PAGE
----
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2nd district: Peter King campaigns in redrawn district

Congressman Peter King speaks to his new constituents

Congressman Peter King speaks to his new constituents at Villa Lombardi's in Holbrook. (Oct. 23, 2012) Photo Credit: Johnny Milano

A packed crowd of 450 Islip Republicans gave a rousing welcome last week to a newcomer to their townwide ticket -- veteran Rep. Peter King.

"Sometimes we Islip Republicans get lucky," joked Islip GOP chairman Frank Tantone. "We now have a new Republican congressman without even having to a run a race."

Tantone was referring to the dramatic eastward shift of King's district last spring in the decennial reapportionment. This district now is 75 percent in Suffolk, whereas the old district was 80 percent in Nassau. It also means that King of Seaford for the first time is running in a district where more than 50 percent of the population never has had a chance to vote for him.

King, at the podium, told the audience at the fundraiser that he has run in parts of Islip in the past. He added: "I can't tell you how happy I am to be running in the whole town," since local Republicans have rebuilt the GOP organization. After his speech, guests lined up to have photos taken with King, who leaned into the camera each time with a big smile.

King, 68, started his political career as a Hempstead Town board member and served as Nassau County comptroller for three terms before winning election to Congress in 1992.

Born in Manhattan, King was raised in Sunnyside, Queens. His father, an NYPD academy instructor, trained Ray Kelly, now the police commissioner.


Known for outspoken style

King graduated from St. Francis College, Brooklyn, and Notre Dame Law School. He interned with Rudy Giuliani at the Wall Street firm of Mudge Rose Guthrie Alexander & Ferdon, which launched the late president Richard Nixon's legal career.

In his political career, King has been known for his blunt outspoken style and controversial stances that sometimes confound even allies.

He was one of few Republicans to vote against the impeachment of Democratic President Bill Clinton. He also opposed the censure of Rep. Charles Rangel (D-Manhattan) as too severe, even though King said he disagreed with Rangel "on virtually every issue."

King won praise for working to seek peace in Northern Ireland. He also held controversial hearings into the threat of domestic terrorism, although Muslim groups accused him of focusing on them to the exclusion of other groups. King maintained he was only trying to guard against an overlooked danger.

Nassau GOP chairman Joseph Mondello, said King has "a mind of his own. He pretty much keeps his own counsel . . . he's not a follower."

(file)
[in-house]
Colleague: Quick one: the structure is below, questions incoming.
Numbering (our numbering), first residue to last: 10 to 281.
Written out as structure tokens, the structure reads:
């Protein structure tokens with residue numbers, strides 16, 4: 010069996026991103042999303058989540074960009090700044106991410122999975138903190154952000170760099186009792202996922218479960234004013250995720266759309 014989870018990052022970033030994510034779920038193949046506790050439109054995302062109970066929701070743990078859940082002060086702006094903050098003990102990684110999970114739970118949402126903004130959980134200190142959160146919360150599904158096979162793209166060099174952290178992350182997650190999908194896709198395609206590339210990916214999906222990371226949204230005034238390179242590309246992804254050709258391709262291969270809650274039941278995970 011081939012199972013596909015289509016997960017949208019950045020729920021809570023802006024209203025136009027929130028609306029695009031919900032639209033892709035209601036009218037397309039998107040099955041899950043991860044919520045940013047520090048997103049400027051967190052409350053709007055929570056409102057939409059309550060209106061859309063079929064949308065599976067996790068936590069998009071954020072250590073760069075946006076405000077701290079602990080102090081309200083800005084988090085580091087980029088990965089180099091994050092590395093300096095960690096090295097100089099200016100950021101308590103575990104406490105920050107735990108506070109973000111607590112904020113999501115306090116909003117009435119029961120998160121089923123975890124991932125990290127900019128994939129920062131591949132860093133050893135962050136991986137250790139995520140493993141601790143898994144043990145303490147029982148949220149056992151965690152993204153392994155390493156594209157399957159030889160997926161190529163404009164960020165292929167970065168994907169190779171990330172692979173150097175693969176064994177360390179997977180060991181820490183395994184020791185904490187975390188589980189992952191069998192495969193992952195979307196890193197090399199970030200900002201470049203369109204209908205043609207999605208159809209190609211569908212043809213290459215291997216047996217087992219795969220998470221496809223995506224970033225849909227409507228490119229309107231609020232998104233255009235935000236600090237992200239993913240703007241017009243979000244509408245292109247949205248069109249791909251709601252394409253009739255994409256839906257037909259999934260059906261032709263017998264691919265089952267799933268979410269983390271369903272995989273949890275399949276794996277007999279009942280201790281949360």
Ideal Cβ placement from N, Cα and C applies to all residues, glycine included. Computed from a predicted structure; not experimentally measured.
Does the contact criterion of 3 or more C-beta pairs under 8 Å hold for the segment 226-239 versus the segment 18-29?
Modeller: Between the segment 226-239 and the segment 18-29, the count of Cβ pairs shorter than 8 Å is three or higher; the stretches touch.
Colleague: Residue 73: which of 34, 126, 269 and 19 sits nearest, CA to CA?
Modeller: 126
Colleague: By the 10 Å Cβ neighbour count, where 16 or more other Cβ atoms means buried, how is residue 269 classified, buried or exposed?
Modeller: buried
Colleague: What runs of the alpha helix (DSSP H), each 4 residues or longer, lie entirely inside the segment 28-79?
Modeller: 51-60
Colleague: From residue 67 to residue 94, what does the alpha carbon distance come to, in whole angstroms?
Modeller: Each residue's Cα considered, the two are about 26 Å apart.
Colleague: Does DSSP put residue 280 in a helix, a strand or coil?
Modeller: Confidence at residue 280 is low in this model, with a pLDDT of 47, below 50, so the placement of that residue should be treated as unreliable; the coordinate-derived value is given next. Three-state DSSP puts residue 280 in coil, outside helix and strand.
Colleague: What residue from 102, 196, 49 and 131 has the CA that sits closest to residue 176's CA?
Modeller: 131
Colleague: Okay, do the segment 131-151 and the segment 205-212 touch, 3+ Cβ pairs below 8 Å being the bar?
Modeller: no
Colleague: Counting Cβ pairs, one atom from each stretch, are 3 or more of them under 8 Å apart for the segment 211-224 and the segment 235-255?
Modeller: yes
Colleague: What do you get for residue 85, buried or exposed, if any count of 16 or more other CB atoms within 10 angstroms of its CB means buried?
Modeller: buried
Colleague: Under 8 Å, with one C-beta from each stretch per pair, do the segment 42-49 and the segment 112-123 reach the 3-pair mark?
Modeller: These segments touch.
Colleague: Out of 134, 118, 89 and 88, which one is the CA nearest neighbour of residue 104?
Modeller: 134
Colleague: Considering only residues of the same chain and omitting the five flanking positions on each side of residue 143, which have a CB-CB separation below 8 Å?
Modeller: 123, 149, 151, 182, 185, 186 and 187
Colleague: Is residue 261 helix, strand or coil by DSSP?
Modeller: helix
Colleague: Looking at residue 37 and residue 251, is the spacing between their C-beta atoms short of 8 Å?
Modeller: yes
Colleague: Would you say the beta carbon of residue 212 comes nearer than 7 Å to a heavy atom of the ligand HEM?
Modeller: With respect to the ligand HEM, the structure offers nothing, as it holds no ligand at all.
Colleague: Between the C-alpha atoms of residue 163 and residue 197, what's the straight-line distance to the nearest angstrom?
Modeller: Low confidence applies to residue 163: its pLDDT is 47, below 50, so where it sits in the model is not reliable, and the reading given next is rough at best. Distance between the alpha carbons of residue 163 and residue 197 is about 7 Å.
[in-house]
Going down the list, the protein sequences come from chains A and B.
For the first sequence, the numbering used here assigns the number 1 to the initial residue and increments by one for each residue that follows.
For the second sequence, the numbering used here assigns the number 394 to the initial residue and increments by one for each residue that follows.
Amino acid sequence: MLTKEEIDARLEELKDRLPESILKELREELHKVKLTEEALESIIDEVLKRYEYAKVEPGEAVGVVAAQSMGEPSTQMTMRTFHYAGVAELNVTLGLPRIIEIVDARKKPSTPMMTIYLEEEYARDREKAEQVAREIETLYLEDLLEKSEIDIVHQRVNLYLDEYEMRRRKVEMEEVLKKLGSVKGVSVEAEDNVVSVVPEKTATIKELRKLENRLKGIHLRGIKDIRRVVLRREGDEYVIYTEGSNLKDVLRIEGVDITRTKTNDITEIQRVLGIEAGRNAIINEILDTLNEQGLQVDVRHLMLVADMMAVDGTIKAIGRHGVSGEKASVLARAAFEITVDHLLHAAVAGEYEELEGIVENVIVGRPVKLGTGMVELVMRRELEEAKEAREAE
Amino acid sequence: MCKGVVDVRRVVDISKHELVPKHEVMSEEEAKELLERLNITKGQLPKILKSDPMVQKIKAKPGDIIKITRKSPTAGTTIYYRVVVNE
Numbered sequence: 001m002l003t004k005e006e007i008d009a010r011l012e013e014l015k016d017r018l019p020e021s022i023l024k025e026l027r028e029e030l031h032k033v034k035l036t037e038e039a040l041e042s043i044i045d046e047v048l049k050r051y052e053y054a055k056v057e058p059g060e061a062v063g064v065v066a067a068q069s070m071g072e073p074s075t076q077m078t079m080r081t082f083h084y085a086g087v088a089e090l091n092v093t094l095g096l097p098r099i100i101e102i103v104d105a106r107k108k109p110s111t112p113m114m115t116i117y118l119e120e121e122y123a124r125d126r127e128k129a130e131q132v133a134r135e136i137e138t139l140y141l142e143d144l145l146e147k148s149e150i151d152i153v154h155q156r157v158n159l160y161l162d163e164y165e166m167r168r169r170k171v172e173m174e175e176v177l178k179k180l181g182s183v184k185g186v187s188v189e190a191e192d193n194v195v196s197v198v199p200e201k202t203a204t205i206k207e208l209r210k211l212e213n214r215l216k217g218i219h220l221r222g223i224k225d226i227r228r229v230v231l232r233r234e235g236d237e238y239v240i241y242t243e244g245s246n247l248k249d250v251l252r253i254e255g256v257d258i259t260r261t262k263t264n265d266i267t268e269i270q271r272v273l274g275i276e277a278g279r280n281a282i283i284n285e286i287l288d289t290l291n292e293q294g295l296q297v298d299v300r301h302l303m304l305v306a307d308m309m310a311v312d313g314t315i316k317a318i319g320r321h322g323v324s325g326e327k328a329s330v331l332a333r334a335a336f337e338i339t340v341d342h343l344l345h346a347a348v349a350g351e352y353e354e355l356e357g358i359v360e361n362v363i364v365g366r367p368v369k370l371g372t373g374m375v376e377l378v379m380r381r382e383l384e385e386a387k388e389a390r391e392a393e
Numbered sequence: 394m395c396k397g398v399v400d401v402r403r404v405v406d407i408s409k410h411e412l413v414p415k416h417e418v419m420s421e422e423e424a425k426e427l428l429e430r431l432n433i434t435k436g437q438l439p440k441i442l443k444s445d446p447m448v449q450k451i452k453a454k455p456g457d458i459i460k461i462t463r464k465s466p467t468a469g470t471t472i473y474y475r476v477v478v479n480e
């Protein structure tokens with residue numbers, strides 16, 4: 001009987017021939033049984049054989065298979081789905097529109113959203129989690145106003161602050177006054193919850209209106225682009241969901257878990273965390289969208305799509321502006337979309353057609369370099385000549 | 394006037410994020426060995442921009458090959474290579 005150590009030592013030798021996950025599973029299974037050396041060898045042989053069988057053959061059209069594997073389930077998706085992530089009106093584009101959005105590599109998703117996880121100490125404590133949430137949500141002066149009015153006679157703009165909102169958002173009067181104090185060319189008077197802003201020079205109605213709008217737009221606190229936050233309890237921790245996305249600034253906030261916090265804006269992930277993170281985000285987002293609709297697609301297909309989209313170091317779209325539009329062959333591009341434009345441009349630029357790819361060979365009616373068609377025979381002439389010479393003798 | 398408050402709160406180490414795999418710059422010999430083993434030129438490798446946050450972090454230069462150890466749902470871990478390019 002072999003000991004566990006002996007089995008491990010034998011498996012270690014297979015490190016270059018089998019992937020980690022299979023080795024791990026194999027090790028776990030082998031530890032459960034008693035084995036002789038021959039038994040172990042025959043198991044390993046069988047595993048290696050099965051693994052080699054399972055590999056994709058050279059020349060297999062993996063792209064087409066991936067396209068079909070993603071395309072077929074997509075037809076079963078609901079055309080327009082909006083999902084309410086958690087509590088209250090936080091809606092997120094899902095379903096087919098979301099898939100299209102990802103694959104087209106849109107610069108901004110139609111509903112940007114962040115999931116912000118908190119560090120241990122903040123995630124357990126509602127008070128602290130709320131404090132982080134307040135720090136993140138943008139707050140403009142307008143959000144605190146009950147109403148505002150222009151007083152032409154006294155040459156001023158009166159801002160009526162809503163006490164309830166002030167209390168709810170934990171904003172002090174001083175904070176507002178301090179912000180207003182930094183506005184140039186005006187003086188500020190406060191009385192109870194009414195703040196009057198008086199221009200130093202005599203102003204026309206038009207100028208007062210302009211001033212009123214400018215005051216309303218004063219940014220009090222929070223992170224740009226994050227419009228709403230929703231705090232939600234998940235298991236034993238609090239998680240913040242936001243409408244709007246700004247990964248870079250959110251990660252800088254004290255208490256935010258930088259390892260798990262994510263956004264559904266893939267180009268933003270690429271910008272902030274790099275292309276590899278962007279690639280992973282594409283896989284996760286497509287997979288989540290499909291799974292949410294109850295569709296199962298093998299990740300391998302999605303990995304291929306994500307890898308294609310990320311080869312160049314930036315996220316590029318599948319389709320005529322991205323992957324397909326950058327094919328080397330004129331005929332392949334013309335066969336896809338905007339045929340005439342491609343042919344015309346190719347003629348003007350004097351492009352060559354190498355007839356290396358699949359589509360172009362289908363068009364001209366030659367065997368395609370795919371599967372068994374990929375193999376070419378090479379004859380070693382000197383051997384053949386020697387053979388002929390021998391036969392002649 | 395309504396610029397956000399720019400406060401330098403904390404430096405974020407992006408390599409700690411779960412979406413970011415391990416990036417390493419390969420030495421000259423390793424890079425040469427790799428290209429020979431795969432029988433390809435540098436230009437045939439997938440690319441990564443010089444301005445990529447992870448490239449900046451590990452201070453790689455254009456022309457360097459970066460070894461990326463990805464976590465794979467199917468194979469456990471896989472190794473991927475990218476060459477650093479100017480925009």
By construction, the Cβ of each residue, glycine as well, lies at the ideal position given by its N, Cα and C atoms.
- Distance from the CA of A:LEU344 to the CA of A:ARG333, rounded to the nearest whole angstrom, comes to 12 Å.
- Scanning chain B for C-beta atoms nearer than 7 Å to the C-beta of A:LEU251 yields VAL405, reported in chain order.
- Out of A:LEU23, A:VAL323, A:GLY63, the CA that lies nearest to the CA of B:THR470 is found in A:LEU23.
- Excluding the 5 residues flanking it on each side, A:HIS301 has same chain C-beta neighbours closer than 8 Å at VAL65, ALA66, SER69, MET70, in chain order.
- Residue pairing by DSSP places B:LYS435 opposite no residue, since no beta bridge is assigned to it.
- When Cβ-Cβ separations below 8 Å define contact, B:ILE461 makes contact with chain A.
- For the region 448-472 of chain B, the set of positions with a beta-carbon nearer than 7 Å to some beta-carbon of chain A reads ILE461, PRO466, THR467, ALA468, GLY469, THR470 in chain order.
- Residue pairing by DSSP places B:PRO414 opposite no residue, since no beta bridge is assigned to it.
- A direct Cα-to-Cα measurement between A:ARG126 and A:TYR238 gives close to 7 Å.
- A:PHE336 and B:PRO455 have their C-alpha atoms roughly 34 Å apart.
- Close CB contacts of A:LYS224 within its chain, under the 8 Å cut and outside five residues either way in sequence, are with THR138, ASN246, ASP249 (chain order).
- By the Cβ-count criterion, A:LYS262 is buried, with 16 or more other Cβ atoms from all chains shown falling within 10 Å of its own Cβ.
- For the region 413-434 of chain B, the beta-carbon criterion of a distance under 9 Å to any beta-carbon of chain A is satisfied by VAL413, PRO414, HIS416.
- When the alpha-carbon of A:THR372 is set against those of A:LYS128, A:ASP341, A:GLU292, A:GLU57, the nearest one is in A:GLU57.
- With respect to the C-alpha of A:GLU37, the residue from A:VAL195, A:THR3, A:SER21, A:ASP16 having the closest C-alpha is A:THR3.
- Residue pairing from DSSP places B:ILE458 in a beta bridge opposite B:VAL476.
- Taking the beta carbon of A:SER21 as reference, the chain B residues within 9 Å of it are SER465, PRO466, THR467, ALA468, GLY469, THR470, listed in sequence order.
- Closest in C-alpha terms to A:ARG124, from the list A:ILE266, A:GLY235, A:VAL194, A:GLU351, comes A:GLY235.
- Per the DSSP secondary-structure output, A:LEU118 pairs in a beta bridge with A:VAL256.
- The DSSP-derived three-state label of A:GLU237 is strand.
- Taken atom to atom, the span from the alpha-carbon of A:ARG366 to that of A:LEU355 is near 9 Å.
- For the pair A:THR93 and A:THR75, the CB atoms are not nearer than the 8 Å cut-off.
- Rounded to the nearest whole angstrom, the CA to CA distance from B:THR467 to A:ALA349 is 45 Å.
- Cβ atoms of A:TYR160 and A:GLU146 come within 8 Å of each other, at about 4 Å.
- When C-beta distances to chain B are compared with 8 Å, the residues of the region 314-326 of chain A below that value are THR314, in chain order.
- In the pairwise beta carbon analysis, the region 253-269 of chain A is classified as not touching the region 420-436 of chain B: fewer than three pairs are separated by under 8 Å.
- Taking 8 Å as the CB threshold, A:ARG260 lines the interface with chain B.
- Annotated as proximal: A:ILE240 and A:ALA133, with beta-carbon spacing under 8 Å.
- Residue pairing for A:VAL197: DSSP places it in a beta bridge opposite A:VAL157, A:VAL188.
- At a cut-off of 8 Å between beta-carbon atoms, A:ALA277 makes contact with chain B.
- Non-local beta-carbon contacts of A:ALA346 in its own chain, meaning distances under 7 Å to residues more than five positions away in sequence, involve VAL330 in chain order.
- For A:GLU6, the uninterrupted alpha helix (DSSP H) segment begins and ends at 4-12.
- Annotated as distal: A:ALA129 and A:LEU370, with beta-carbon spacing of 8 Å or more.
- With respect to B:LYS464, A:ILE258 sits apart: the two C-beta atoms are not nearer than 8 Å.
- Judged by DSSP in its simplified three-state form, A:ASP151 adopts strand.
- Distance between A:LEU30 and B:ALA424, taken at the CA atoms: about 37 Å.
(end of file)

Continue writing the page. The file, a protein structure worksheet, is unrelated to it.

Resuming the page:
Suffolk Republican officials say that while King may be best known in his home county, he also is well known in Islip and Babylon because of his high-profile role as chairman of the House Homeland Security Committee, and his frequent appearances on Fox News, CNN and other news media outlets. Since Sept. 1, King has made 67 radio and TV appearances, aides said. They estimated that over a year's time he made more than 500 guest appearances.

"There's no question it helps me as far as name ID," said King. But he also noted that he has represented parts of Suffolk as far east as Great River for the past decade and often appeared at local events in areas that are part of his new district. "There's a lot of overlap so it's not entirely new," he said.

The new district is about 30 percent African-American and Latino, after King picked up minority areas including North Amityville, Wyandanch and Brentwood; his old district had only a 2 percent minority population. The district, which stretches from Islip to the Hempstead Town line, has 153,360 registered Republicans and 144,197 Democrats. In the Suffolk portion, Democratic voters outnumber Republicans 107,902 to 92,955.


Meets with black pastors

King said he is reaching out to his new constituents.

He recently held a two-hour meeting with 35 black pastors from throughout Babylon, who have been represented by Rep. Steve Israel (D-Huntington).

King said the meeting was cordial, though he conceded there were some "candid" exchanges, particularly about his calling for the firing of UN Ambassador Susan Rice, an African-American, for initially saying that the deadly Sept. 11 assault on the U.S. Consulate in Benghazi, Libya, was spontaneous. King said he told the ministers that his stand had nothing to do with race, but that mistakes were made and someone in the administration should be held accountable.

"Some tough questions were asked," said the Rev. Robert Lloyd of Freedom Chapel in Amityville. "But Congressman King handled himself pretty well. I think a number of ministers were surprised because many of his answers were very bipartisan."

"He told us he'll be representing everyone, and [that] we won't hurt his feelings if we tell him what's on our minds," said the Rev. Roy Kirton, pastor of the Circle of Love Mission in Copiague.


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